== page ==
“We are really fairly ignorant of the complexity and colorfulness of this amazing planet,” said the study’s co-author, Boris Worm, a biology professor at Canada’s Dalhousie University. “We need to expose more people to those wonders. It really makes you feel differently about this place we inhabit.” 

While some scientists and others may question why we need to know the number of species, others say it’s important.

There are potential benefits from these undiscovered species, which need to be found before they disappear from the planet, said famed Harvard biologist Edward O. Wilson, who was not part of this study. Some of modern medicine comes from unusual plants and animals.

“We won’t know the benefits to humanity (from these species), which potentially are enormous,” the Pulitzer Prize-winning Wilson said. “If we’re going to advance medical science, we need to know what’s in the environment.”

"Many species may vanish before we even know of their existence, of their unique niche and function in ecosystems, and of their potential contribution to improved human well-being," said UH researcher Camilo Mora, a lead author of the study.

Biologists have long known that there’s more to Earth than it seems, estimating the number of species to be somewhere between 3 million and 100 million. Figuring out how much is difficult. 

Worm and Mora used complex mathematical models and the pace of discoveries of not only species, but of higher classifications such as family to come up with their estimate.

Their study, published Tuesday in the online journal PLoS Biology, a publication of the Public Library of Science, estimated the number of species at nearly 8.8 million.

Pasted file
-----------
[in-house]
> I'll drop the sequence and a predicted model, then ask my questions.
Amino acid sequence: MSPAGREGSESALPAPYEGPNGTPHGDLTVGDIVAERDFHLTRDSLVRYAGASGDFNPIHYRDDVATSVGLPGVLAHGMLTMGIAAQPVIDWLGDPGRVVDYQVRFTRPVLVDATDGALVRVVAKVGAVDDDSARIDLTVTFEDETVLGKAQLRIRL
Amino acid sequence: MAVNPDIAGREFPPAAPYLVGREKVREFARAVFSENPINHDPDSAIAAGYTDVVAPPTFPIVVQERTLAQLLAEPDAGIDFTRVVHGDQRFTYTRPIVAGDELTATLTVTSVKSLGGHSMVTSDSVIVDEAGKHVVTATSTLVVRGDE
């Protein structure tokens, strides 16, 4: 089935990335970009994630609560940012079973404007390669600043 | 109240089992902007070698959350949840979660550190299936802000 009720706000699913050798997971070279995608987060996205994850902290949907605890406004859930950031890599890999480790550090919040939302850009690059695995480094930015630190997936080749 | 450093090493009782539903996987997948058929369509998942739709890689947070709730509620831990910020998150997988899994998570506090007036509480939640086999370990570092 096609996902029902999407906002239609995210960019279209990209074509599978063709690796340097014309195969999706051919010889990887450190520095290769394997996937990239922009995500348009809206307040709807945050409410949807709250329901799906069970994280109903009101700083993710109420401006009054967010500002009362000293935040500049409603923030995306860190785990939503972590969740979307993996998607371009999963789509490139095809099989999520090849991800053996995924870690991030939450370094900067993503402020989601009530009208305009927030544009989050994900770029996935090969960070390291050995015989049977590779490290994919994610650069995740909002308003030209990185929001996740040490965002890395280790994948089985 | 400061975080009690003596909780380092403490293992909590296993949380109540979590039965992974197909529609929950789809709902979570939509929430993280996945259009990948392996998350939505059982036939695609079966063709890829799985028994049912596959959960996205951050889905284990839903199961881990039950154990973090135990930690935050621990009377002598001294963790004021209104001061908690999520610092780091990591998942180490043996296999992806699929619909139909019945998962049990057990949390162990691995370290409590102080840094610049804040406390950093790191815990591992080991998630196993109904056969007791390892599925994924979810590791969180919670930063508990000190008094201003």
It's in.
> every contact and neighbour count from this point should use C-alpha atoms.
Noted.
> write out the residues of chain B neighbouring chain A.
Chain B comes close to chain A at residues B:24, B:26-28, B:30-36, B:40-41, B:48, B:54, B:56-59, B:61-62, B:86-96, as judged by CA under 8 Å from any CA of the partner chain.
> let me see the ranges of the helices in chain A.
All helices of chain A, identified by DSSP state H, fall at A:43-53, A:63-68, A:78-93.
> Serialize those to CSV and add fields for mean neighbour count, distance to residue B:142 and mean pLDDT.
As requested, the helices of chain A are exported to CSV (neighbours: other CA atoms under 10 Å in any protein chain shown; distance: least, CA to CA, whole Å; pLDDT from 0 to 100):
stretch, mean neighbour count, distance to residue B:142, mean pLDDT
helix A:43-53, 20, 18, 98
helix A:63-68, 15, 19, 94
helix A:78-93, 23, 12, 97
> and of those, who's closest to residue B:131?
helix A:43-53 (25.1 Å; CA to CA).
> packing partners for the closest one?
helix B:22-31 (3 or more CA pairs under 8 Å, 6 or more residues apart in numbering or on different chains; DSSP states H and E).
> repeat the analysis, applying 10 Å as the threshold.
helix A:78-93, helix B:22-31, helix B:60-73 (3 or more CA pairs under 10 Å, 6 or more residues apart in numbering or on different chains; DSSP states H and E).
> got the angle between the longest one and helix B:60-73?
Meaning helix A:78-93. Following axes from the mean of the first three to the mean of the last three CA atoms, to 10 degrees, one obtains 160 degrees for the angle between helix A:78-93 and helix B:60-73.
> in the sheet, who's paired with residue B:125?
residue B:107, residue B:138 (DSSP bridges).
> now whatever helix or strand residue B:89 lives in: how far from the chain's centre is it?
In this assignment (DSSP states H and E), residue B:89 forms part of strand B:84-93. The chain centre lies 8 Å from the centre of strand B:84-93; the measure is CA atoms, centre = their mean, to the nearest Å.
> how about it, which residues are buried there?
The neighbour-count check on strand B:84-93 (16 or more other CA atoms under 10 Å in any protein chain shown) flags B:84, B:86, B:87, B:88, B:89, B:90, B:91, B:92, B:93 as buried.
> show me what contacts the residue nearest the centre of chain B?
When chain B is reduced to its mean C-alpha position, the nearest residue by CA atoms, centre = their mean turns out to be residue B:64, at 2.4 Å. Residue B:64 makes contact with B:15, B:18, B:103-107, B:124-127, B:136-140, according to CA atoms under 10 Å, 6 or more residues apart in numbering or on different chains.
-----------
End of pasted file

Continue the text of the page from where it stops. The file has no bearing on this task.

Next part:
Of those species, 6.5 million would be on land and 2.2 million in the ocean, which is a priority for the scientists doing the work since they are part of the Census of Marine Life, an international group of scientists trying to record all the life in the ocean.

The research estimates that animals rule with 7.8 million species, followed by fungi with 611,000 and plants with just shy of 300,000 species.

While some new species like the strange mini-lobster are in exotic places such as undersea vents, “many of these species that remain to be discovered can be found literally in our own backyards,” Mora said.

Outside scientists, such as Wilson and preeminent conservation biologist Stuart Pimm of Duke University, praised the study, although some said even the 8.8 million number may be too low.

The study said it could be off by about 1.3 million species, with the number somewhere between 7.5 million and 10.1 million. But evolutionary biologist Blair Hedges of Penn State University said he thinks the study is not good enough to be even that exact and could be wrong by millions.

Hedges knows firsthand about small species.

He found the world’s smallest lizard, a half-inch long Caribbean gecko, while crawling on his hands and knees among dead leaves in the Dominican Republic in 2001. And three years ago in Barbados, he found the world’s shortest snake, the 4-inch Caribbean threadsnake that lays “a single, very long egg.”

The study’s authors point to other species as evidence of the growing rate of discovery: the 6-inch, blind, hairy lobster-type species found in 2005 by a submarine looking at hydrothermal vents near where the Pacific meets Antarctica and a brilliant-colored frogfish found by divers in Indonesia in 2008.

Of the 1.9 million species found thus far, only about 1.2 million have been listed in the fledgling online Encyclopedia of Life, a massive international effort to chronicle every species that involves biologists, including Wilson.

If the 8.8 million estimate is correct, “those are brutal numbers,” said Encyclopedia of Life executive director Erick Mata. “We could spend the next 400 or 500 years trying to document the species that actually inhabit our planet.”



Census of Marine Life: 

Encyclopedia of Life: